Champions Together creates unforgettable relationships


Maya Wilkins

During the 2019 CHS Lip Dub, Desiree Swert and AJ Macon get ready for the camera. Both students play flag football, basketball and track.

I wish everyone could experience Bradly’s sassiness. Have a special handshake with Corbin. Watch Danielle’s eyes light up as she runs. Listen to Brent give a pre-game speech. Get a hug from Dani.

Most importantly, I wish everyone could experience the joy that comes from playing unified.

I joined Champions Together halfway through my junior year, looking for an activity to get involved in second semester, but I never expected how much it would change my life.

Gavin was the first athlete from the program I met, through an interview I had with him for a story, my first story and ultimately, my favorite one. He immediately made an impact on me, his personality struck me as something special, he struck me as something special. He was constantly positive and fun-loving, by speaking to him and his mom, I could easily see just how much of an impact he had on everyone around him.

Not too long after I had met Gavin, I met AJ, another athlete in the program. He would walk one of my friends to class every day and I would accompany them. AJ made me laugh harder than I had imagined, and he was always so caring, always asking about my day and wanting to talk to me about it.

These are the people who got me involved in the program, these are the kids who started the domino effect of changing my life.

When I had first joined, I felt a little discouraged. I hadn’t felt a special connection with any of the kids, I hadn’t felt like their friend, I had felt like I was just there, on the team competing, but separate from helping the kids.

That feeling didn’t last long. I have never met people as excited and social as the athletes for the program. Pretty soon, Desiree was running up to me in the commons and telling me about her day, which she still does today. I heard about everything in her life from her classes to what music she was listening to to her boy drama. We never ran out of things to talk about.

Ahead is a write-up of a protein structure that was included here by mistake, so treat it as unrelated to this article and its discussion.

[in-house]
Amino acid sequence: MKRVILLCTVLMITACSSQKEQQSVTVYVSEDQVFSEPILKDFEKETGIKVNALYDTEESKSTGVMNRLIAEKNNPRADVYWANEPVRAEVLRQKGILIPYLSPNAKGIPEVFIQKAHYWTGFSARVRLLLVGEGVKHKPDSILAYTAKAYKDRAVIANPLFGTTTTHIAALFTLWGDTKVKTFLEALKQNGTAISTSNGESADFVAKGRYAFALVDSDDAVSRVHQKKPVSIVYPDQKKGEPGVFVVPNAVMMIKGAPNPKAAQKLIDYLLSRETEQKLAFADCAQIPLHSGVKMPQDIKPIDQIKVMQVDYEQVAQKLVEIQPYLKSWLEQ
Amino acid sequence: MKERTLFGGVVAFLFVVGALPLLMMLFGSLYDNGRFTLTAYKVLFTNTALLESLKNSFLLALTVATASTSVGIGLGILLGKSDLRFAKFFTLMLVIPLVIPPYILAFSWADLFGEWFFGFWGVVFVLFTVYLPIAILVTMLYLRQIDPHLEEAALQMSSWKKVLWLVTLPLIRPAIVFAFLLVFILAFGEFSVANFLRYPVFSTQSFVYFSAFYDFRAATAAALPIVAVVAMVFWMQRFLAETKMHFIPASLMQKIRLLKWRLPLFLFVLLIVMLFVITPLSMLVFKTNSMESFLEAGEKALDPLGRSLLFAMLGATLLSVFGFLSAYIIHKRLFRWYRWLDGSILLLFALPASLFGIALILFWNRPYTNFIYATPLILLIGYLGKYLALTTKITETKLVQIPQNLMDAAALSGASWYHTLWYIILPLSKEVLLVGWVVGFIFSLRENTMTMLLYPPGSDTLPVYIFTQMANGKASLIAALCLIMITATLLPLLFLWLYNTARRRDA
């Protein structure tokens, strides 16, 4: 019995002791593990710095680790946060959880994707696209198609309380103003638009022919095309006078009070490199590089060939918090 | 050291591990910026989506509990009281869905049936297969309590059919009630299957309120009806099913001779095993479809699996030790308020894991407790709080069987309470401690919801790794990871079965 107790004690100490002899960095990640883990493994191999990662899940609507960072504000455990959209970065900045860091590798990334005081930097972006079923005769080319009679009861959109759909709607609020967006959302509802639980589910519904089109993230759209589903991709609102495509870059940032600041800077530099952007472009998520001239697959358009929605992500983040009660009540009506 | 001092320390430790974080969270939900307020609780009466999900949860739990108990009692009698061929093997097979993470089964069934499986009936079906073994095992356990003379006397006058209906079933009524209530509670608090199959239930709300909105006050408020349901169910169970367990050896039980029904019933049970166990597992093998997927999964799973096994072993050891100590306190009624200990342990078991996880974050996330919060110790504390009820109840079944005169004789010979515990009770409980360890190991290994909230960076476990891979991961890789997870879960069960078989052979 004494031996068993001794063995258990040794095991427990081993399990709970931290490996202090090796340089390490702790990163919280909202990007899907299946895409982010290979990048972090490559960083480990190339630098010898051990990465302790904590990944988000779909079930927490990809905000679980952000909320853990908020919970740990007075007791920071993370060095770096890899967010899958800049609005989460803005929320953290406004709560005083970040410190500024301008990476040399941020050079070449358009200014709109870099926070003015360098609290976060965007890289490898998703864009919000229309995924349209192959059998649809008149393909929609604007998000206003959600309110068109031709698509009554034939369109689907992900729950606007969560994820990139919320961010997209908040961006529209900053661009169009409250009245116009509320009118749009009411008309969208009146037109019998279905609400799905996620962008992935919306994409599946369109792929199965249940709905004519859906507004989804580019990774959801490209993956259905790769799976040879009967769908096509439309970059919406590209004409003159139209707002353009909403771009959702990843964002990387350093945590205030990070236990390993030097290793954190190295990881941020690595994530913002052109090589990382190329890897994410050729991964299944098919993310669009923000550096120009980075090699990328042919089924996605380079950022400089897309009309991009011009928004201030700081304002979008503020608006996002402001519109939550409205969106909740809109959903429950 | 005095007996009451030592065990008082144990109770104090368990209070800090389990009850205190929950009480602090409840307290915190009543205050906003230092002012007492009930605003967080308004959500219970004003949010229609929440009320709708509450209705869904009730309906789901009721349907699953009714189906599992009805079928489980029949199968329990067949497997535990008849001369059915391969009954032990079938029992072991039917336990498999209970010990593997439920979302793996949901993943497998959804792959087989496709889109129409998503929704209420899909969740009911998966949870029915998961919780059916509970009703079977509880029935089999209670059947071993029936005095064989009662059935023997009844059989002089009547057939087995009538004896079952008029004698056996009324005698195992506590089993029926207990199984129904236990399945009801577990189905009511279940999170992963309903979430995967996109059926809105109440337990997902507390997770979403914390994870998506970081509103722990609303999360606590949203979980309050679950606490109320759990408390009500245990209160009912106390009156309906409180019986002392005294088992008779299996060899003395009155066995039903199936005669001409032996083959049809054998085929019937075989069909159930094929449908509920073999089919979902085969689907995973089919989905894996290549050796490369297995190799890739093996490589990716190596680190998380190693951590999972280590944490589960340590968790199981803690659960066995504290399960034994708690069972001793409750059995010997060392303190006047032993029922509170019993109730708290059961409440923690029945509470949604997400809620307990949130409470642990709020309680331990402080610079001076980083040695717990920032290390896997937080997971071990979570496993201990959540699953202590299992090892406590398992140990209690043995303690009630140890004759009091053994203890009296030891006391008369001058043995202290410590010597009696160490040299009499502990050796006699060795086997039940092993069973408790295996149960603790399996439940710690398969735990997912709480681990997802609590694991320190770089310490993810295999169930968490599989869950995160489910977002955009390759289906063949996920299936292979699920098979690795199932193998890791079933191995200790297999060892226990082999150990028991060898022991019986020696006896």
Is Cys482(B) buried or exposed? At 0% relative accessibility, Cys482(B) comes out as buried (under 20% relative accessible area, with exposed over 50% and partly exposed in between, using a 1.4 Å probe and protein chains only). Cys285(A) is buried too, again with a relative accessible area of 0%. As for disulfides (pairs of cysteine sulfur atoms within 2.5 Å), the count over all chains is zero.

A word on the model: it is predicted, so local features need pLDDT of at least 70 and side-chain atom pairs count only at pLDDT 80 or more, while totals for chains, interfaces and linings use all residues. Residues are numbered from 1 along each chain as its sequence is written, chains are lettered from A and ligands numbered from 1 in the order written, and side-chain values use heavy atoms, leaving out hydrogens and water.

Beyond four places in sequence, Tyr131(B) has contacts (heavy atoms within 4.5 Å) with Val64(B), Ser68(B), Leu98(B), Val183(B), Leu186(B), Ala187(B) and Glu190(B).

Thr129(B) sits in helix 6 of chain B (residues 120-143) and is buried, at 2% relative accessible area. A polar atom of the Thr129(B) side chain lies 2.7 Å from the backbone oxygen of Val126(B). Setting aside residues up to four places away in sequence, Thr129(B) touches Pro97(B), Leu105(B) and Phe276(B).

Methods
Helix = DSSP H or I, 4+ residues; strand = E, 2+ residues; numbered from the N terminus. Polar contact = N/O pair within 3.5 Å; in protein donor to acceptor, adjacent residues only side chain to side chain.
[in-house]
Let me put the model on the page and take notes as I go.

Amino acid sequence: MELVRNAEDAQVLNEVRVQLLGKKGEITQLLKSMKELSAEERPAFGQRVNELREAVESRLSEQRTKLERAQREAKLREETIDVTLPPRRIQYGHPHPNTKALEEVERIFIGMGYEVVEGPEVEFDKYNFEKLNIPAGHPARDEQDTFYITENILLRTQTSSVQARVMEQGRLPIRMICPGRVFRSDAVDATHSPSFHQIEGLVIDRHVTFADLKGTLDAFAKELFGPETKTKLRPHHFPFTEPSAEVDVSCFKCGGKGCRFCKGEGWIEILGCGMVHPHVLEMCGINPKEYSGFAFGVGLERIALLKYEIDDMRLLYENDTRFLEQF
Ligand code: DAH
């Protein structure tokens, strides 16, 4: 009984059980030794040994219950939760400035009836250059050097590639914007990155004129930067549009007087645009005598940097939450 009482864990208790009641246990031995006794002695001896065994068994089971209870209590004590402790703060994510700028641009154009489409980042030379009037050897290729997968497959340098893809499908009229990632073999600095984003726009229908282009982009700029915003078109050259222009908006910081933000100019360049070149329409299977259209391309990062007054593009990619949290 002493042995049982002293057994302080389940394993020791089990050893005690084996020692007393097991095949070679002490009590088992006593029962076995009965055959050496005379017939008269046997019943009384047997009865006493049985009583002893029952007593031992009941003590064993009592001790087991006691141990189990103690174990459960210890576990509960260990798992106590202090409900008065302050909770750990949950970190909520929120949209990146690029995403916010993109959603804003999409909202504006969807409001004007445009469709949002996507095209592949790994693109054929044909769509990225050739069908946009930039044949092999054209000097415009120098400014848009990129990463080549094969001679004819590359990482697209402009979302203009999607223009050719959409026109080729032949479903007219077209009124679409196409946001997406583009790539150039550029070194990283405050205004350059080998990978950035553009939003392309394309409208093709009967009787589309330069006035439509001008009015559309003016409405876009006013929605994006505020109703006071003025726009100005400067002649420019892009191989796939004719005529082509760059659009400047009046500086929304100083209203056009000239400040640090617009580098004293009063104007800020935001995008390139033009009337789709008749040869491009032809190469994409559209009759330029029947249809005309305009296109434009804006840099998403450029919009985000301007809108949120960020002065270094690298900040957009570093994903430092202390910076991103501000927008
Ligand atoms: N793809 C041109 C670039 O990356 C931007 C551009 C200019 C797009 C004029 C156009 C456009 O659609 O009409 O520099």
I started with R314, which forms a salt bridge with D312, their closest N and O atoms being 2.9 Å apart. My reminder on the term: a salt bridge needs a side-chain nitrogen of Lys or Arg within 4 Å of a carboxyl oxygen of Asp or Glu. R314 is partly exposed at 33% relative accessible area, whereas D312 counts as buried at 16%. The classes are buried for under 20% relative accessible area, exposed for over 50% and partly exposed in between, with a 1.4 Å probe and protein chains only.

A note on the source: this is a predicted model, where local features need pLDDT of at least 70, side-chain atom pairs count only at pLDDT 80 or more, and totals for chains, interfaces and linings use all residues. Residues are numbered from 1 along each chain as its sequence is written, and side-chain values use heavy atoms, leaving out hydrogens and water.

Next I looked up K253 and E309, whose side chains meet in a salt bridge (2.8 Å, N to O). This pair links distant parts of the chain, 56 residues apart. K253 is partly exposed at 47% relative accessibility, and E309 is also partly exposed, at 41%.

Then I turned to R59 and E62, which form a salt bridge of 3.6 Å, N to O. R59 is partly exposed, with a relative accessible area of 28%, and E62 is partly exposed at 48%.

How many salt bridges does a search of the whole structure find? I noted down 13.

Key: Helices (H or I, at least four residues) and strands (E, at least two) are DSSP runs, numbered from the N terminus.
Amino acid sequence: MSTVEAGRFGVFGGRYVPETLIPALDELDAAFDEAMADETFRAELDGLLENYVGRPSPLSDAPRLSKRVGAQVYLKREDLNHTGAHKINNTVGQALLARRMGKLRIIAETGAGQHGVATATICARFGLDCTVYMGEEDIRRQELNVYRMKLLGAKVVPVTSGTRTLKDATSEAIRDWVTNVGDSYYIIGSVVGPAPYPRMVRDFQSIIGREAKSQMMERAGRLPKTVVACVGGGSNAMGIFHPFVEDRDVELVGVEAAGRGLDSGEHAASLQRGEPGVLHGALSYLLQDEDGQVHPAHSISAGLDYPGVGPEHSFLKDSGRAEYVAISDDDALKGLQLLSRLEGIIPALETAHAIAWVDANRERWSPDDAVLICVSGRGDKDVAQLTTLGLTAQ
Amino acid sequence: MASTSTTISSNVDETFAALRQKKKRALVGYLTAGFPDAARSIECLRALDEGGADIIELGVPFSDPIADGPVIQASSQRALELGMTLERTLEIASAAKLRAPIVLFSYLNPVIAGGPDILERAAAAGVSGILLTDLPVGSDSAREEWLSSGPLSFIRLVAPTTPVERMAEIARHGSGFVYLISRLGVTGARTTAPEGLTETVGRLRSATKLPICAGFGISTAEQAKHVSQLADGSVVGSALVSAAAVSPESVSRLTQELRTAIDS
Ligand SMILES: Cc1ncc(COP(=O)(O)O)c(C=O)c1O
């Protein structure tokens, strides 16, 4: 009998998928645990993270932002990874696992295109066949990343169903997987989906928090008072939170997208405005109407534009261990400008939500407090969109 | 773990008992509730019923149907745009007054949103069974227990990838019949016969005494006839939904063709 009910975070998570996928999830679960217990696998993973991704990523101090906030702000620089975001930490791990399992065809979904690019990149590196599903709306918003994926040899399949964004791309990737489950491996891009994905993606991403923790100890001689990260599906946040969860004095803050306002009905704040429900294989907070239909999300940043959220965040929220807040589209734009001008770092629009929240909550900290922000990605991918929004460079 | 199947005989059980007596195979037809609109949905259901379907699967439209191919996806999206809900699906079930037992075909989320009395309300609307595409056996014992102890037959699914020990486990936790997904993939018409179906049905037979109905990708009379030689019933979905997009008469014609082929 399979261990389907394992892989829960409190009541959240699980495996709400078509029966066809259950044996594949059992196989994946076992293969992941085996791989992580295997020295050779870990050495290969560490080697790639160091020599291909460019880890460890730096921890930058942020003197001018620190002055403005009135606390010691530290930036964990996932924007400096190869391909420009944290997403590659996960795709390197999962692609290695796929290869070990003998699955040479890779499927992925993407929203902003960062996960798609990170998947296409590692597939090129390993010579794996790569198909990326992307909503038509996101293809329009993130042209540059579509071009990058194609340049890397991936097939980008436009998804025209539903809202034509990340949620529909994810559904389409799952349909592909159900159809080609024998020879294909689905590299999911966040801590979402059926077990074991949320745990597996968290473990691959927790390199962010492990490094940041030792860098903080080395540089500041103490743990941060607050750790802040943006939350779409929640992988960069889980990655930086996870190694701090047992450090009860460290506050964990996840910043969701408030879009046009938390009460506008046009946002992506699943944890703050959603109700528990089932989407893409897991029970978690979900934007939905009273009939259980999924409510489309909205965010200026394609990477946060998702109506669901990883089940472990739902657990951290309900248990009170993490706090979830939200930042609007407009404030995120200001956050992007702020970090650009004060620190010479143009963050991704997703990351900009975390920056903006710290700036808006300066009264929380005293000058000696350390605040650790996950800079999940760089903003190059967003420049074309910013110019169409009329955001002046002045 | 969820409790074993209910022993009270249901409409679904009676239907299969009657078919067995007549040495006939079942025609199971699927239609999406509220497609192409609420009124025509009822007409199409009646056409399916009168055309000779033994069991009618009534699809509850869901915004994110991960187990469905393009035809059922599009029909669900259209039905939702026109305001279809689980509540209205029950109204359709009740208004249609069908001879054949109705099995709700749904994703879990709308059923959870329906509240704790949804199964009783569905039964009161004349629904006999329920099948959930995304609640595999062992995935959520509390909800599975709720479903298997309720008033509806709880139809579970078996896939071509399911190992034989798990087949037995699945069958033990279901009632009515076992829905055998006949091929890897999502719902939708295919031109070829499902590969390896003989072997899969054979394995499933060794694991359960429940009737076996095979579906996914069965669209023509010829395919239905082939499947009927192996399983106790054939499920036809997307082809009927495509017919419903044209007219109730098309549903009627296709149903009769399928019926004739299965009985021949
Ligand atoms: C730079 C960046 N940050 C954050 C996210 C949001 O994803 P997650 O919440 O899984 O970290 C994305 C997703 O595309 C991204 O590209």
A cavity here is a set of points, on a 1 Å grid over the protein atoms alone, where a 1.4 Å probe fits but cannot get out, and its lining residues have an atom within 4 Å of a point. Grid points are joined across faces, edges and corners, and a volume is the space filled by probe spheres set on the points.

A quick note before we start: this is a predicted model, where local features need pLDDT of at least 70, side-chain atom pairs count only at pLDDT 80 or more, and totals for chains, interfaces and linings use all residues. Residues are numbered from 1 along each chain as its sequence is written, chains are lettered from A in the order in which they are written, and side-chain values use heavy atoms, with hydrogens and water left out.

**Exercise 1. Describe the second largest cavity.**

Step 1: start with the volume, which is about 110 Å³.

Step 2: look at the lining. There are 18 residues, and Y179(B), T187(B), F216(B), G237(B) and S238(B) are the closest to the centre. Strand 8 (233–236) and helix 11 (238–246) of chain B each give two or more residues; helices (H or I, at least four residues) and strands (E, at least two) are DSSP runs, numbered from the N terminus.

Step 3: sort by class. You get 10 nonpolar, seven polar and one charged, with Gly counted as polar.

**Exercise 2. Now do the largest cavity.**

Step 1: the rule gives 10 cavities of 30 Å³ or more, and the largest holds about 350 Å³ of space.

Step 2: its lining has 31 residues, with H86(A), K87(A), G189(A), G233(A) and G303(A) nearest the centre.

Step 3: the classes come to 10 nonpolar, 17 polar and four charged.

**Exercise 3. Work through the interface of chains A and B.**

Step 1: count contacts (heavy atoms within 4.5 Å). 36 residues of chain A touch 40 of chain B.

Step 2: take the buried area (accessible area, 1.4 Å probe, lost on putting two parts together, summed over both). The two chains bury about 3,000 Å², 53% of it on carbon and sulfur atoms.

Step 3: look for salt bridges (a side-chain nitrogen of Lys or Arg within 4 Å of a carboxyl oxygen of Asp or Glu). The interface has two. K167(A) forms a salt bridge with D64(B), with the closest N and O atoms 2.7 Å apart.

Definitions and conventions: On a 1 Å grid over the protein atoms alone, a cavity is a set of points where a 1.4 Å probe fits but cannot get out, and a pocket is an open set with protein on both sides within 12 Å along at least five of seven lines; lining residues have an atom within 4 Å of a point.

Corbin would see me and talk to me about basketball or football or whatever sport was going on. We always found something to talk about. We would see each other in the halls and we would fist bump or give each other a high five.

Then I met Bradly, arguably the athlete who has made the biggest impact on my life. I don’t even remember how we became close, but it never really mattered. Pretty soon, we would start practicing together, coming up with a strategy for how he could best run a 100 and then ask about each others’ days, and finally, end the day having a contest about who’s “sassier.”

I would look forward to Tuesdays and Thursdays just because I could go to practice, but what was odd was I never looked forward to competing. I looked forward to helping the athletes and hearing about their days, I didn’t care about how fast I ran or where we placed as a team so long as the kids were happy.

Champions Together taught me a lot about life. It taught me that life is so much bigger than myself, it taught me how to care more than before and most importantly, it taught me the power behind inclusion.

Bradly Klotz and I before basketball practice one day. Bradly loves to take pictures with people.

For so long, people with special needs have essentially been ostracized because of their differences, but that’s what makes Champions Together so powerful. When you’re there, no one cares if you’re a general or special education student, everyone is friends with everyone; everyone is a family.

As I look back on my time at Carroll High School, I can smile for many reasons. But what I smile about the most is this program and these kids. They taught me more about life and love than they will ever know, and for that I am eternally grateful.

That is why I play Unified. That is why I wish everyone could play Unified.